Authors: George Rajna
Singapore scientists from NanoBio Lab (NBL) of A*STAR have developed a novel approach to prepare next-generation lithium-sulfur cathodes, which simplifies the typically time-consuming and complicated process for producing them.  Nanomaterials could provide the basis of many emerging technologies, including extremely tiny, flexible, and transparent electronics.  From the intricate patterns of pollen grains to the logarithmic spirals of nautilus shells, biology is full of complex patterns, shapes, and geometries.  The lifespan of a liquid droplet which is transforming into vapour can now be predicted thanks to a theory developed at the University of Warwick.  Researchers at PoreLab work mostly with porous materials like concrete, and in their world, this sort of thing can happen.  A UCF physicist has discovered a new material that has the potential to become a building block in the new era of quantum materials, those that are composed of microscopically condensed matter and expected to change our development of technology.  Researchers at the University of Geneva (UNIGE), Switzerland, in partnership with CNRS, France, have discovered a new material in which an element, ytterbium, can store and protect the fragile quantum information even while operating at high frequencies.  Scientists at the University of Alberta in Edmonton, Canada have created the most dense, solid-state memory in history that could soon exceed the capabilities of current hard drives by 1,000 times.  The team showed that the single-atom magnets can endure relatively high temperatures and strong external magnetic fields. The work could lead to the development of extremely high-density data storage devices.  One of these are single-atom magnets: storage devices consisting of individual atoms stuck ("adsorbed") on a surface, each atom able to store a single bit of data that can be written and read using quantum mechanics.  Physicists have experimentally demonstrated 18-qubit entanglement, which is the largest entangled state achieved so far with individual control of each qubit.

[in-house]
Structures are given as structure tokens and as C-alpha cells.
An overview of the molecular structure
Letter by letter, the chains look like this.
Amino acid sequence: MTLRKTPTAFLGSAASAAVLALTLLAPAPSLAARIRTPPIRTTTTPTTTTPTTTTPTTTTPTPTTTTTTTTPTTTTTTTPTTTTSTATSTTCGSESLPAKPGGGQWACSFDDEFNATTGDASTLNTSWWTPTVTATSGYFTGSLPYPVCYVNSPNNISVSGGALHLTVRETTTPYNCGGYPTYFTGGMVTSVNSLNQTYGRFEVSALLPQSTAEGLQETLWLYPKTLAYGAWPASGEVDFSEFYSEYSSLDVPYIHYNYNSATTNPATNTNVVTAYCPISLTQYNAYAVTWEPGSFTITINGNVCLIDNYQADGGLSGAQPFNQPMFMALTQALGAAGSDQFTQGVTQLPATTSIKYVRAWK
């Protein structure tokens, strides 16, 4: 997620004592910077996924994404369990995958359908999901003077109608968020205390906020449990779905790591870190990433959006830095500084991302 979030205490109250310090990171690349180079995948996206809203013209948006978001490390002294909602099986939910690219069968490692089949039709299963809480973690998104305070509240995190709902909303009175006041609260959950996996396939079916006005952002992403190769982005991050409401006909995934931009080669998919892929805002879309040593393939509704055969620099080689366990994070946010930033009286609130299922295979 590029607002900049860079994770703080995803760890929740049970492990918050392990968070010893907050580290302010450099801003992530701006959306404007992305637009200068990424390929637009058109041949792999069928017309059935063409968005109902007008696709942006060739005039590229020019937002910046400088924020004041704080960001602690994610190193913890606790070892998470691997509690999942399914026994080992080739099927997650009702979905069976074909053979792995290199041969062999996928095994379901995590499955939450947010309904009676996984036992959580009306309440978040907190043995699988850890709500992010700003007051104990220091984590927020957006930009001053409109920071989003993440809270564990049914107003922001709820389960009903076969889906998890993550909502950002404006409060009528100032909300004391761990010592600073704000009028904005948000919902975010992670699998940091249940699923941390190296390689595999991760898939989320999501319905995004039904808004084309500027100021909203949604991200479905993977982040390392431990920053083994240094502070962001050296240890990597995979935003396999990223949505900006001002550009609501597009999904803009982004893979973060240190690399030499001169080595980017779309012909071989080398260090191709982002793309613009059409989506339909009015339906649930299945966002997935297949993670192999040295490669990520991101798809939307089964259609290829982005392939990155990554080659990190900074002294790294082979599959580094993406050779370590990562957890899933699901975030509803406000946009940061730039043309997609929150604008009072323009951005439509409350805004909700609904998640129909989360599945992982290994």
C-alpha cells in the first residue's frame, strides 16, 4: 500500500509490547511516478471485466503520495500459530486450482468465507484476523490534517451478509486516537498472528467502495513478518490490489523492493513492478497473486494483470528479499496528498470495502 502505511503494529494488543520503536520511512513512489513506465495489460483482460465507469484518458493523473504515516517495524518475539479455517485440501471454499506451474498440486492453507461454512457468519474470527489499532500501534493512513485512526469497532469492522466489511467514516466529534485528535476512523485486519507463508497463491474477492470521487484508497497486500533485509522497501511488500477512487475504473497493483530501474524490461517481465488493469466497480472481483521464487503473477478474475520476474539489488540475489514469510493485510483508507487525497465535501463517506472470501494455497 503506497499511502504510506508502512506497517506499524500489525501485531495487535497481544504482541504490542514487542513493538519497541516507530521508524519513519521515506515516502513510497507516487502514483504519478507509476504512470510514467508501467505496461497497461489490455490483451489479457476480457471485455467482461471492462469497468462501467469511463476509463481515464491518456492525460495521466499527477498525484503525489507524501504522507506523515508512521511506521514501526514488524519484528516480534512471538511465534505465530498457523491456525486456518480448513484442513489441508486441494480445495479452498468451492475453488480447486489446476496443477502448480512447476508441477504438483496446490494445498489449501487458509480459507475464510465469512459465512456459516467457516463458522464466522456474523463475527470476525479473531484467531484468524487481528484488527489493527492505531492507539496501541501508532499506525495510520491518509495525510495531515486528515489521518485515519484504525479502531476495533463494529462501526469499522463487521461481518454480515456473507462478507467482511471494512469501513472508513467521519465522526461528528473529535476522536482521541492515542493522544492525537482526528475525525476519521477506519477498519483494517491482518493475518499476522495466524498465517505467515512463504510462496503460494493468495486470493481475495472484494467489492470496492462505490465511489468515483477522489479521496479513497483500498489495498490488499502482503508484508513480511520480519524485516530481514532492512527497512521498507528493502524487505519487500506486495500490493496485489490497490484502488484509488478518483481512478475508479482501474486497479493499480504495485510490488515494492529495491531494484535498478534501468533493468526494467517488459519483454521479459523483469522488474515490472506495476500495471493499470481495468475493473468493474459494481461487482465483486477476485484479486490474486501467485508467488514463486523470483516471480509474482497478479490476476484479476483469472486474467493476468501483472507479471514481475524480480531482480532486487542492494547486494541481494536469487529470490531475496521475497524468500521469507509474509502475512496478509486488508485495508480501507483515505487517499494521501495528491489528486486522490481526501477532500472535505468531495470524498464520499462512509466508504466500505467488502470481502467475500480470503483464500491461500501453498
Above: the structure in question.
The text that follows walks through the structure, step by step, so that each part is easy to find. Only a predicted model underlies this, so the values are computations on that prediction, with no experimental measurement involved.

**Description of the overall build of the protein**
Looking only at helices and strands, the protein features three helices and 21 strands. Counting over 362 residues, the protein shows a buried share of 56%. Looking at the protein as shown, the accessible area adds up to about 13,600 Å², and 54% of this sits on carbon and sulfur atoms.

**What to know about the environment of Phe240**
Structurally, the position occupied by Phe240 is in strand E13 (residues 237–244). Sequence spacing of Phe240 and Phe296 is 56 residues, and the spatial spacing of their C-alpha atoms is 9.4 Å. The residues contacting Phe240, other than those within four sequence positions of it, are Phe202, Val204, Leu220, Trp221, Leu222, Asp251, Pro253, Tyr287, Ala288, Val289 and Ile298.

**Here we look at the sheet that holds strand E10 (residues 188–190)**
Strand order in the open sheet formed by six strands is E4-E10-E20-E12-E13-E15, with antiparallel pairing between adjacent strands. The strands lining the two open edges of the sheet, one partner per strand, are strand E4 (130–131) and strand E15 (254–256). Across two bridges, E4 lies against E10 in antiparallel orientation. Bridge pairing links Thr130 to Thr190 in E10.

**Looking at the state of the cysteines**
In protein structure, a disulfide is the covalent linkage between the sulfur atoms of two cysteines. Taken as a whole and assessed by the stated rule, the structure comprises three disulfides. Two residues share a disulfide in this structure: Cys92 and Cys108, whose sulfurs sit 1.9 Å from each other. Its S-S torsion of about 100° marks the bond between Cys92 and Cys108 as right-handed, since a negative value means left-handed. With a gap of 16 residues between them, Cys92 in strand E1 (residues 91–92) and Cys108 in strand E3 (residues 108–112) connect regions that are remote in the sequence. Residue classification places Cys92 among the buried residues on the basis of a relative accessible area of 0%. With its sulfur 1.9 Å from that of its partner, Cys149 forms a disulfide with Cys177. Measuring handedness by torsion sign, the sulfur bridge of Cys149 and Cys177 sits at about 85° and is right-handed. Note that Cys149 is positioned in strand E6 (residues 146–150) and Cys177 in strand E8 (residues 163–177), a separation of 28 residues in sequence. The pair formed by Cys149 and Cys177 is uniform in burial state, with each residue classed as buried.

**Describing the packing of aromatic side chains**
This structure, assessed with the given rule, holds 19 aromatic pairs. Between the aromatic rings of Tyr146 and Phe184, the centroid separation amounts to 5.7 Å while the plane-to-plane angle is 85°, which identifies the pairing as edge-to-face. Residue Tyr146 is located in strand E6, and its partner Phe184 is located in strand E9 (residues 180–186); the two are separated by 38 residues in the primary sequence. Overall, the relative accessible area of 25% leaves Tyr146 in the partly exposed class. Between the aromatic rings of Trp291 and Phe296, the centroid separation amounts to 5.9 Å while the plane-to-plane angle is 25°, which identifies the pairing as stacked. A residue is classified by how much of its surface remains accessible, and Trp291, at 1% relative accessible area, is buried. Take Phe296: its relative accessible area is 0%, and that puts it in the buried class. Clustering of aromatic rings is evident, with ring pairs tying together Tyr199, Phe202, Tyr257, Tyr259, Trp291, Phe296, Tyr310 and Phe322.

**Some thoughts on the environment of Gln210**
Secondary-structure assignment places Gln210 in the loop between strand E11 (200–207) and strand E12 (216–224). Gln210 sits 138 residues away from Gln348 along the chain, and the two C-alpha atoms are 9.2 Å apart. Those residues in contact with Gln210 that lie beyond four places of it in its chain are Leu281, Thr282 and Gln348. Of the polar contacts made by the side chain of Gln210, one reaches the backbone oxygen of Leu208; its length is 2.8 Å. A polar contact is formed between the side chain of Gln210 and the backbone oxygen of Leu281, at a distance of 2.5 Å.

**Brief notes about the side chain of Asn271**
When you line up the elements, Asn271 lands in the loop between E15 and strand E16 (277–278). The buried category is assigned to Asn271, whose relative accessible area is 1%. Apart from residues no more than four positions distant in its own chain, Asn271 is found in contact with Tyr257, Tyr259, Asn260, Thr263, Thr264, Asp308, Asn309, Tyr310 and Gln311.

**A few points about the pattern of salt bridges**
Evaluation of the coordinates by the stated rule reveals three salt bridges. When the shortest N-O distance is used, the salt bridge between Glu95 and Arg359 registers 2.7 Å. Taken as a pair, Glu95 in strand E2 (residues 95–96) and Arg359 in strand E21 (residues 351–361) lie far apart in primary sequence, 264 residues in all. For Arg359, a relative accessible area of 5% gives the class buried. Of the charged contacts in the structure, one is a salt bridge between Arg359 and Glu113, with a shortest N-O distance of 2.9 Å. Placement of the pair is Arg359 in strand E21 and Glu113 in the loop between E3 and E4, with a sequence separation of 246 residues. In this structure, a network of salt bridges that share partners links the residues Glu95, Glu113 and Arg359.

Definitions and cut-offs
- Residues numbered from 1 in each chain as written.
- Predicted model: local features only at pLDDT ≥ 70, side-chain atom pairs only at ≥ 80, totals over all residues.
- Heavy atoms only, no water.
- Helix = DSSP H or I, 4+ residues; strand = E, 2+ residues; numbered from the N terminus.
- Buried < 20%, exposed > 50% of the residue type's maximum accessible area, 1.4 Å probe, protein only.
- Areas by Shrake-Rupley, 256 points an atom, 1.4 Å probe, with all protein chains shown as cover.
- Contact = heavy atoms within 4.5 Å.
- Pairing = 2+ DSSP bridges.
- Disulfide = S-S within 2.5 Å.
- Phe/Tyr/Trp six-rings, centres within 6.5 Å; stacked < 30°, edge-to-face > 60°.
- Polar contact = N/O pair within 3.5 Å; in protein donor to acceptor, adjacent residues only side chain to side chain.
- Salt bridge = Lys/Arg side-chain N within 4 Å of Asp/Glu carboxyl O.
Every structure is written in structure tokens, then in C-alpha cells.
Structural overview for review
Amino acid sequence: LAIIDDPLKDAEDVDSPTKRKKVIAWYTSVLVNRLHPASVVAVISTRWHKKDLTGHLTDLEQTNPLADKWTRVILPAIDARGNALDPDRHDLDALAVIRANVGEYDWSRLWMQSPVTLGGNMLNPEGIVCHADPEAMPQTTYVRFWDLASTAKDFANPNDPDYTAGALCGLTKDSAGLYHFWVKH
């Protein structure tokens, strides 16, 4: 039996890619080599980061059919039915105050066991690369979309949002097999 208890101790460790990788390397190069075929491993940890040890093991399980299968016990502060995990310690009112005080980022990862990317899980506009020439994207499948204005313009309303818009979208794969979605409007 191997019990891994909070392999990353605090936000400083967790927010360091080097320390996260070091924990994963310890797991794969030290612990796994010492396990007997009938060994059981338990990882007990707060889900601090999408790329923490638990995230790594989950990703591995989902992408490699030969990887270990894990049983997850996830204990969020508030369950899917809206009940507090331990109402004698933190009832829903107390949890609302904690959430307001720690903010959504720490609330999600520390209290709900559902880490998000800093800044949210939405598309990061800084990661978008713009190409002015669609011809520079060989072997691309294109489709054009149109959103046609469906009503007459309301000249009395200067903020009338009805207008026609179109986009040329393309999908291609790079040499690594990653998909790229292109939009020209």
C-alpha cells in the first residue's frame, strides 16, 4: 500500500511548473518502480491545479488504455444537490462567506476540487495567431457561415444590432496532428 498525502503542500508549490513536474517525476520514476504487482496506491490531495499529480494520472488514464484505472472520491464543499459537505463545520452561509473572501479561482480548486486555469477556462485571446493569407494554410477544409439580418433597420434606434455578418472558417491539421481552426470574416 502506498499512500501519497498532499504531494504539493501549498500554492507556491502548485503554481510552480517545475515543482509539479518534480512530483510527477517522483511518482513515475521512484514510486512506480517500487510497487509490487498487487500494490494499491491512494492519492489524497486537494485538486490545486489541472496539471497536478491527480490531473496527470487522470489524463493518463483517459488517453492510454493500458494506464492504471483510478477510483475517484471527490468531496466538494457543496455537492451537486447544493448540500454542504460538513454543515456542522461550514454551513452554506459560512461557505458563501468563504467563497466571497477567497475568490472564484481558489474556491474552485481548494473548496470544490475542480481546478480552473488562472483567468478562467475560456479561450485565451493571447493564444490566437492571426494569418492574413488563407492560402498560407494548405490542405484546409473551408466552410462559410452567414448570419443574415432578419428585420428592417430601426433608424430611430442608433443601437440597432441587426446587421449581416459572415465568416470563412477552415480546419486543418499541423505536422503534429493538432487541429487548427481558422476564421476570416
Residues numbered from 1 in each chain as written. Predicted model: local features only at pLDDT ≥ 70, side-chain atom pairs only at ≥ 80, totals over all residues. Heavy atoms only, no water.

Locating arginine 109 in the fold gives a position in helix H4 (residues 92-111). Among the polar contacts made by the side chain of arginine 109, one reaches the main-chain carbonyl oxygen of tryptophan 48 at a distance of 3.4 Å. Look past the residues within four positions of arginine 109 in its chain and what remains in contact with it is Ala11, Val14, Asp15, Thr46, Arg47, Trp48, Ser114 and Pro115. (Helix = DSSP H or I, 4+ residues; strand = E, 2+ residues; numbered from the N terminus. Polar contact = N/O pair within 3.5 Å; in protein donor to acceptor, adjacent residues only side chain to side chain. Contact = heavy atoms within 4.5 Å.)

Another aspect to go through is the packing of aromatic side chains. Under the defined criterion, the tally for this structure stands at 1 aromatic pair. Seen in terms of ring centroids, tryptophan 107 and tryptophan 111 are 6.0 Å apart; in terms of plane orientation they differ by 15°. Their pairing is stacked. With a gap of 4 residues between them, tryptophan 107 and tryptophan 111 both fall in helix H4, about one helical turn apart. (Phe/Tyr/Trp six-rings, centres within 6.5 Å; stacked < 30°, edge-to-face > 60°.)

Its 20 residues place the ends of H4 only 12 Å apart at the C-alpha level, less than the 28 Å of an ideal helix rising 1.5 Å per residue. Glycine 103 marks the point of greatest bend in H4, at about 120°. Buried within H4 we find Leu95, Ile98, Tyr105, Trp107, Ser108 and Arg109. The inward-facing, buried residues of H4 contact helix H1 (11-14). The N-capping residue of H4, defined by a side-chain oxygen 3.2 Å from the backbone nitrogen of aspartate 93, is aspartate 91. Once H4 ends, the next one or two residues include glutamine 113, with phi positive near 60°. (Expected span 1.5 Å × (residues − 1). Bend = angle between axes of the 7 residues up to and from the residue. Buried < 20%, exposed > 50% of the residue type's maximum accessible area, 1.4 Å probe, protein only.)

Comments: 41 Pages.
[v1] 2019-10-13 09:54:27
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